Pests And Diseases

Close-up of a damaged leaf of Epipremnum aureum 'Glacier' against a blurred background of a white pot. The leaf is heart-shaped, with variegated shades of green, cream and white. The leaf has dry brown spots due to pests and diseases.
Glacier pothos can face certain pests and diseases.

Like most houseplants, Glacier pothos can experience pests and diseases. Pests tend to attack weak plants, so proper care will help keep the plant safe from pests. Common pests on Glacier pothos are mealy bugs, aphids, and spider mites. Most of these can be treated with an insecticidal soap or a misting of neem oil.

A common disease is stem and root rot, which develops in overwatered soil. This fungal pathogen can be prevented by ensuring your soil drains well enough and does not stay soggy, as overly-wet soil can promote fungal growth. Fungal leaf spots can also occur; if these are found, trim off the damaged leaves and use a copper fungicide on the foliage. Be careful to leave at least two weeks between treatment for pests and diseases so you don’t double-up on the leaf-surface treatments.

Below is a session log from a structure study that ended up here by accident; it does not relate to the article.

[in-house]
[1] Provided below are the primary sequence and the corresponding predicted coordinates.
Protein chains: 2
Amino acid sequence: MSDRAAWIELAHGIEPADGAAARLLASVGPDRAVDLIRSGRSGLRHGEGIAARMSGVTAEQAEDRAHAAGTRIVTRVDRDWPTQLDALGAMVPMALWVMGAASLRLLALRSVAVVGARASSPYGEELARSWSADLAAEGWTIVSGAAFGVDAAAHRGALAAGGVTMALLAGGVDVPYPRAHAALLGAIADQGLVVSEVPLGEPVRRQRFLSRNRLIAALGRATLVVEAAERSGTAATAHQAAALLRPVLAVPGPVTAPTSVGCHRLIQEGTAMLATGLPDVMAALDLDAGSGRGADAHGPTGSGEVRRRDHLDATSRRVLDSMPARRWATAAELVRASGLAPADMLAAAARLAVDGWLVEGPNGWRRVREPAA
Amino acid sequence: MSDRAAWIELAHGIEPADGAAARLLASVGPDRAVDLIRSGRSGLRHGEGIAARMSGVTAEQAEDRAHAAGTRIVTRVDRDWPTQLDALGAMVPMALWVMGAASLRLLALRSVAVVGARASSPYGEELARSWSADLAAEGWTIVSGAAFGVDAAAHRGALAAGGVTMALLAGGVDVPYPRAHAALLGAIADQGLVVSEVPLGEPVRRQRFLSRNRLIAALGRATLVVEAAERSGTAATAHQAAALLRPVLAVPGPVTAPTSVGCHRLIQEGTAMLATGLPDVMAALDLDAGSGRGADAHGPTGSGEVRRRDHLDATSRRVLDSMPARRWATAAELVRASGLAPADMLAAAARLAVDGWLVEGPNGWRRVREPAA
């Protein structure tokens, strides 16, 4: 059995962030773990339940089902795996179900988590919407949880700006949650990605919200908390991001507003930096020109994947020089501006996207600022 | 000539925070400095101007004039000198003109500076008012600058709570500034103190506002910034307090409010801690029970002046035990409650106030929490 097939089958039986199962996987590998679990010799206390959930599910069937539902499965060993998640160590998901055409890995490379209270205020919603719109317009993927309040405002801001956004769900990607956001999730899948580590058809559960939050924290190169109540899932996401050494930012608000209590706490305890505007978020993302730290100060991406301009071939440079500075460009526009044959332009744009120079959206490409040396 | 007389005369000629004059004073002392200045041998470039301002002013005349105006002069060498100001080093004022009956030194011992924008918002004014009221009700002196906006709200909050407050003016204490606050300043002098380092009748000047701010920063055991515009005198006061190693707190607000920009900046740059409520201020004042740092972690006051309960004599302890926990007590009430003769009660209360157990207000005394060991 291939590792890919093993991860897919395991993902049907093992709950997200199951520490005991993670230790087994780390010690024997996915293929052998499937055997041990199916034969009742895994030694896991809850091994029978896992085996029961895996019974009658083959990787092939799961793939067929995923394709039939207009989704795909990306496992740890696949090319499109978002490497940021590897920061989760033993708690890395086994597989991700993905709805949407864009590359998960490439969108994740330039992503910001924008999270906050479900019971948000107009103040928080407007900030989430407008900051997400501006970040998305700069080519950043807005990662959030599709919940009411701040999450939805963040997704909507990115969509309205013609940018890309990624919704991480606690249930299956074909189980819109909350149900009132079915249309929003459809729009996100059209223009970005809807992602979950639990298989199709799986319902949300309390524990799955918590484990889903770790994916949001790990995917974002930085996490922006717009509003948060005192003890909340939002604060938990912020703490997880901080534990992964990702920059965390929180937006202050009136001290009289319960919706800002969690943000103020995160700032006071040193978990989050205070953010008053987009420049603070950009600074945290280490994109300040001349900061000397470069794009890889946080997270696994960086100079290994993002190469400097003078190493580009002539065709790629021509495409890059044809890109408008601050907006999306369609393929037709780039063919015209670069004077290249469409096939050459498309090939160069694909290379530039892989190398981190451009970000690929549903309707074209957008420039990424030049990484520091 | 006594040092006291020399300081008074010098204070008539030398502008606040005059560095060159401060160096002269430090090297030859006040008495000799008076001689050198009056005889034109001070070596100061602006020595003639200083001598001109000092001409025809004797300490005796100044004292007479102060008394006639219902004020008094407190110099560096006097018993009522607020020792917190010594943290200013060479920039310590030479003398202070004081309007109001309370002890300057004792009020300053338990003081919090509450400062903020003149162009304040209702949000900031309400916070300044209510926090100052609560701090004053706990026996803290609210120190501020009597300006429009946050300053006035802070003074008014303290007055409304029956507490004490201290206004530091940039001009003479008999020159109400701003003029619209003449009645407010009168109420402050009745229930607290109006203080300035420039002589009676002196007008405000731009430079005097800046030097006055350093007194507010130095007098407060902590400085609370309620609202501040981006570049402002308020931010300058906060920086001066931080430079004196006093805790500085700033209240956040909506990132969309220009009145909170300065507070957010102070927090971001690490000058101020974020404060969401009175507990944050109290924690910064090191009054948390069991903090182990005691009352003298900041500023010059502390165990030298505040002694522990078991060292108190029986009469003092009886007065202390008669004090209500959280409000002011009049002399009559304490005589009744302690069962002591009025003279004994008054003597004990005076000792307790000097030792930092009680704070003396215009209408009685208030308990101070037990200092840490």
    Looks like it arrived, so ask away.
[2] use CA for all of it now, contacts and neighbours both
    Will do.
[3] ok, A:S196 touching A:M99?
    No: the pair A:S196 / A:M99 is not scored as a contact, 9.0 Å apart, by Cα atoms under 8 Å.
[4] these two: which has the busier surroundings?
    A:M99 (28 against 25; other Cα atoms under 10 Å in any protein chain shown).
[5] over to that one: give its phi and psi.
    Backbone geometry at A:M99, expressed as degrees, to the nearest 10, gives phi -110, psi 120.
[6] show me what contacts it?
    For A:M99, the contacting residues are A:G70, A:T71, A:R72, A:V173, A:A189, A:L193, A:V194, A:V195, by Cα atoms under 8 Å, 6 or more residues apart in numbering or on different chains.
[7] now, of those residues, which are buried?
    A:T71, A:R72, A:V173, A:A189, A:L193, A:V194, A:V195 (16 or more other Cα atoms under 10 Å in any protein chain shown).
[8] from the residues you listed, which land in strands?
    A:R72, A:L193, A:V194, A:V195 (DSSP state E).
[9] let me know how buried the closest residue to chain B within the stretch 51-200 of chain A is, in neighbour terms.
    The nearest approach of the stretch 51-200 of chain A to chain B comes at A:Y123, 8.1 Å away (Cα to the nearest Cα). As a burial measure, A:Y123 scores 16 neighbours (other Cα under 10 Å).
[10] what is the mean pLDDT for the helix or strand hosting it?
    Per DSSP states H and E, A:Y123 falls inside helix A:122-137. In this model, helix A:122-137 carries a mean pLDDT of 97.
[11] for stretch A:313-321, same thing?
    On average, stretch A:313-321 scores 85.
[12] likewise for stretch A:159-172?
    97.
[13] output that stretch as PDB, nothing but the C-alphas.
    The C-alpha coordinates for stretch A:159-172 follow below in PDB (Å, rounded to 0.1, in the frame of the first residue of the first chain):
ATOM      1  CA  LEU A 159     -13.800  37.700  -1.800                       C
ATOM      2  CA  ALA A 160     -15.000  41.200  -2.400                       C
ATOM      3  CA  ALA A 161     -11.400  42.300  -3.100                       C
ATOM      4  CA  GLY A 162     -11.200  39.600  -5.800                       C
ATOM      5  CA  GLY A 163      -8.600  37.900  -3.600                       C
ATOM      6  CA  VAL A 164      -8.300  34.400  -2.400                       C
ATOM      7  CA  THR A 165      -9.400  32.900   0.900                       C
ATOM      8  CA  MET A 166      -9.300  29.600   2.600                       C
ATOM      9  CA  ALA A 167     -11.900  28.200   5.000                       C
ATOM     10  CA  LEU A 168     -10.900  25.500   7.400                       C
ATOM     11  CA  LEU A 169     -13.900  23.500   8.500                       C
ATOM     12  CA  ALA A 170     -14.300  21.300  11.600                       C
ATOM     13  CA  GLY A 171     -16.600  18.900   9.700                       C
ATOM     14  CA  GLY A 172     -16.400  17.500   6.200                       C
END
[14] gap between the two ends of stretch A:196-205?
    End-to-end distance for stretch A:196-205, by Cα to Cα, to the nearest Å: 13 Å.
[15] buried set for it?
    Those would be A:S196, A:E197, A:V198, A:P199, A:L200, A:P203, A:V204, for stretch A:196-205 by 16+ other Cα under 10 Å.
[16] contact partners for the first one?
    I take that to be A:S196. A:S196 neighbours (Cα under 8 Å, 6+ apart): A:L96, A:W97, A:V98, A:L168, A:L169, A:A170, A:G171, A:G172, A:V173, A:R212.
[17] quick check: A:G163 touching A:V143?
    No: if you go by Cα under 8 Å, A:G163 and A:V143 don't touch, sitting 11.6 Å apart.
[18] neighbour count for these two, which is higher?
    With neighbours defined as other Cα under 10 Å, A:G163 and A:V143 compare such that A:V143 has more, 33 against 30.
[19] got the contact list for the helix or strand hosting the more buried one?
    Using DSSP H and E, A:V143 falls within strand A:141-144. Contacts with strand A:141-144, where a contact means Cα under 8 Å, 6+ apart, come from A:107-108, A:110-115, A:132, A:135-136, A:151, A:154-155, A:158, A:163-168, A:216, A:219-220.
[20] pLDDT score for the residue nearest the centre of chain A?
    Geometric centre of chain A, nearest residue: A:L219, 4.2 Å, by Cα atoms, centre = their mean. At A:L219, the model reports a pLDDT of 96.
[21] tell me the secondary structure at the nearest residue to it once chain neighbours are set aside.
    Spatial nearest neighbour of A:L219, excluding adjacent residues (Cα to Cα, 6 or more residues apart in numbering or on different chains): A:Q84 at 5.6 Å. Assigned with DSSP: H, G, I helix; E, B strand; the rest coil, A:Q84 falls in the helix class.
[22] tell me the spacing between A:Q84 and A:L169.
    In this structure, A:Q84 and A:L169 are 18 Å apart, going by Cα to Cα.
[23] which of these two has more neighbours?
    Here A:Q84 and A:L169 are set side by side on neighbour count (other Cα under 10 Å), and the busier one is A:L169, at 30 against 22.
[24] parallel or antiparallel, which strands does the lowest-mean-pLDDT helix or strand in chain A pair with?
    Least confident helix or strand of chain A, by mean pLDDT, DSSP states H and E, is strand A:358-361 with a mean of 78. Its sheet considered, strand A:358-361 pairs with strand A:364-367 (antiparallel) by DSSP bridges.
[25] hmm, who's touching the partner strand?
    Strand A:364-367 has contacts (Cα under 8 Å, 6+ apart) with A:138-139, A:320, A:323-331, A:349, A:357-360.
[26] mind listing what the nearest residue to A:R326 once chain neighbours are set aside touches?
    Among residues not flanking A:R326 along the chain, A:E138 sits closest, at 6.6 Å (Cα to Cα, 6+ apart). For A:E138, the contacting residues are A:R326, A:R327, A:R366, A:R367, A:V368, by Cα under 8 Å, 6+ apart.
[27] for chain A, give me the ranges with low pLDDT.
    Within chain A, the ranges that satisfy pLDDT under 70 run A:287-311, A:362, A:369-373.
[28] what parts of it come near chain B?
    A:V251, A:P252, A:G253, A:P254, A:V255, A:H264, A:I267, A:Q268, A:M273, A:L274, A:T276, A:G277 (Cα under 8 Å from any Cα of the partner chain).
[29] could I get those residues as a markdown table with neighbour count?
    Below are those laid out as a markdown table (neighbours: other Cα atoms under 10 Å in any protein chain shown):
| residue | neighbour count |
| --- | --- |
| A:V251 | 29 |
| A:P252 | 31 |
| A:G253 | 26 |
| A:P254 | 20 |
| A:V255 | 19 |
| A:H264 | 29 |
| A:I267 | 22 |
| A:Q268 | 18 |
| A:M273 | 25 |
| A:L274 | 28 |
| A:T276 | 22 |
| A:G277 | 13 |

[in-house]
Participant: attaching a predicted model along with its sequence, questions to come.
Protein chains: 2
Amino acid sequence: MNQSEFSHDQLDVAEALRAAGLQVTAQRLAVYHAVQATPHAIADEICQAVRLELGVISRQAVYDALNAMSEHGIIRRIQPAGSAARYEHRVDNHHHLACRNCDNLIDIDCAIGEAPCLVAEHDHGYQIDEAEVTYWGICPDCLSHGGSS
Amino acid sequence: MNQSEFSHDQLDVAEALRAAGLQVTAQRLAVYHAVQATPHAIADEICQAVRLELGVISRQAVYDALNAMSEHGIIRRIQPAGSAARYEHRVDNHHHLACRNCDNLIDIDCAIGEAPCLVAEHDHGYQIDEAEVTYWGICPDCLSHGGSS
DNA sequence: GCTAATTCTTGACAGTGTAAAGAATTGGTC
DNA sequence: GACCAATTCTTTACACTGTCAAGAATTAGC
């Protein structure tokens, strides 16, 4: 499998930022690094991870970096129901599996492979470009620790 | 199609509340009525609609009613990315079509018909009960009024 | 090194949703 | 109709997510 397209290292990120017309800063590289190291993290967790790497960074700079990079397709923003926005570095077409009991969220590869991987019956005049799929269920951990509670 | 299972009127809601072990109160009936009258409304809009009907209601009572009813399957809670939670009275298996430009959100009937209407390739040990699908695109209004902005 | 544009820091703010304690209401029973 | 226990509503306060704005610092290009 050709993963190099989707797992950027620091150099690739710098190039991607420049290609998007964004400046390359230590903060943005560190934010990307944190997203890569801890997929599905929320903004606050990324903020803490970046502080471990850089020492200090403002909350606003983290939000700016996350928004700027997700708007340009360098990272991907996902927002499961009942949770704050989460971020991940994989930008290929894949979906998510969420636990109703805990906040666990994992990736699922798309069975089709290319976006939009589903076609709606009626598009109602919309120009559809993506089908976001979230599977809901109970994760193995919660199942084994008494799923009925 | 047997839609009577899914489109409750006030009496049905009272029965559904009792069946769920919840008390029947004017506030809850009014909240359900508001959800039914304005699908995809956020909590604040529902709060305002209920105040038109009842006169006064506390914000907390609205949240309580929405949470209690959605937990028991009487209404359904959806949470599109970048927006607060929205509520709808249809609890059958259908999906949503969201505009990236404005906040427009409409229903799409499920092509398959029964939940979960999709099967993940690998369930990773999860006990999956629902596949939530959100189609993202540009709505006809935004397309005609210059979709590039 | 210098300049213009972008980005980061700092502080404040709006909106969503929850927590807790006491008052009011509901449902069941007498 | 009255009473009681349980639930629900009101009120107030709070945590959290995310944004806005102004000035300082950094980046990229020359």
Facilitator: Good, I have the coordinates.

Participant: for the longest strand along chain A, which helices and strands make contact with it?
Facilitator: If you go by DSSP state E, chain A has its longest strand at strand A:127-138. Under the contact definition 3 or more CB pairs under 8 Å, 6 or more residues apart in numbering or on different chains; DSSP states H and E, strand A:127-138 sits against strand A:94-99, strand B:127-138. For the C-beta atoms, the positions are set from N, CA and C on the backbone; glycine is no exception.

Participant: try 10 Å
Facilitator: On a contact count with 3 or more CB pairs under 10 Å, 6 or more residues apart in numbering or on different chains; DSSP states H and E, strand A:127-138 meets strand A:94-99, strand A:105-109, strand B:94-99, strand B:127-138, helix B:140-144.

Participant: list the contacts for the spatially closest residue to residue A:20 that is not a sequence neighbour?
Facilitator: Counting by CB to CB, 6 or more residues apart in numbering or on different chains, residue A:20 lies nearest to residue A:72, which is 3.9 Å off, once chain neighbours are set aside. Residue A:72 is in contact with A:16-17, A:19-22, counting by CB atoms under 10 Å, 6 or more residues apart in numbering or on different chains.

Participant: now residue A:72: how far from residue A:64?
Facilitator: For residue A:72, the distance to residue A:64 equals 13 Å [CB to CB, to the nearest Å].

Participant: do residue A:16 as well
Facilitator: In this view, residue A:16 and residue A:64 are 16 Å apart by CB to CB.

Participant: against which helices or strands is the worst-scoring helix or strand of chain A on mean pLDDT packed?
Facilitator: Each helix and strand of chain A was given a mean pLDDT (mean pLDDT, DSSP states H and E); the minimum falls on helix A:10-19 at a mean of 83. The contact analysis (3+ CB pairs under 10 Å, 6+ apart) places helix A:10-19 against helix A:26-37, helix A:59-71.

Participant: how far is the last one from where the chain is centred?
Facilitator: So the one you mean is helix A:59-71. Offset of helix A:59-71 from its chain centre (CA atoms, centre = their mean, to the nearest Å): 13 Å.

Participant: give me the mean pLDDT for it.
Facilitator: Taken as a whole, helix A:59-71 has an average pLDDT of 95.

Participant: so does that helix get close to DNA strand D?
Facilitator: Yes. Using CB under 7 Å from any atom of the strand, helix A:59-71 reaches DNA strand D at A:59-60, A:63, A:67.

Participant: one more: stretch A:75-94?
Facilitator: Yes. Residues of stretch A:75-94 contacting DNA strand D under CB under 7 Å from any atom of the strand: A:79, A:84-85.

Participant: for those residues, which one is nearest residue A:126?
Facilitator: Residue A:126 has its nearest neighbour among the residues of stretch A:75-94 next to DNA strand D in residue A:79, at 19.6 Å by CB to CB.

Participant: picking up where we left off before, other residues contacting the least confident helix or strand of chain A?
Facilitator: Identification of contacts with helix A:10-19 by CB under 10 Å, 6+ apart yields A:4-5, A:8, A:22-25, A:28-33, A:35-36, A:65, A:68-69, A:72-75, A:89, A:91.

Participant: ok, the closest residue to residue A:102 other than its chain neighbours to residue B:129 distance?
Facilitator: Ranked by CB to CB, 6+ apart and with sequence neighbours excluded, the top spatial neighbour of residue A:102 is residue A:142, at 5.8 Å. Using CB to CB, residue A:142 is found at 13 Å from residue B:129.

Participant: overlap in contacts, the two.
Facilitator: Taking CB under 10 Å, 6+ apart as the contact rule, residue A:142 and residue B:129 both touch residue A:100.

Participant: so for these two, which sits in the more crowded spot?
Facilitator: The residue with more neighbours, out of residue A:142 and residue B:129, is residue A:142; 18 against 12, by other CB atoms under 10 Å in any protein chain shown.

Frequently Asked Questions

How Do You Identify Glacier Pothos?

Since Glacier Pothos are closely related to Pearl & Jade and N’Joy pothos varieties, they can be difficult to tell apart. Glacier pothos tends to have a silvery-grey mottling or streak on the leaves. This is the easiest way to tell Glacier pothos from other varieties.

Is Glacier Pothos Rare?

Glacier pothos isn’t as common as other pothos such as Golden or Satin pothos. It is considered to be moderately rare and you can have luck find at a local garden center or nursery. You can also purchase online but make sure you are purchasing from a reputable seller.

Is Glacier Pothos Toxic?

Yes, Glacier pothos is toxic and should be kept out of reach of pets and small children.

Final Thoughts

Glacier pothos makes a great addition to any home, whether you are a novice or an experienced plant owner. This particular pothos variety is great for small spaces because it only reaches a max length of 6 feet. Place the plant in a hanging basket or all of it to cascade down a shelf. You will surely love the plant’s beautiful variegated leaves and ease of care.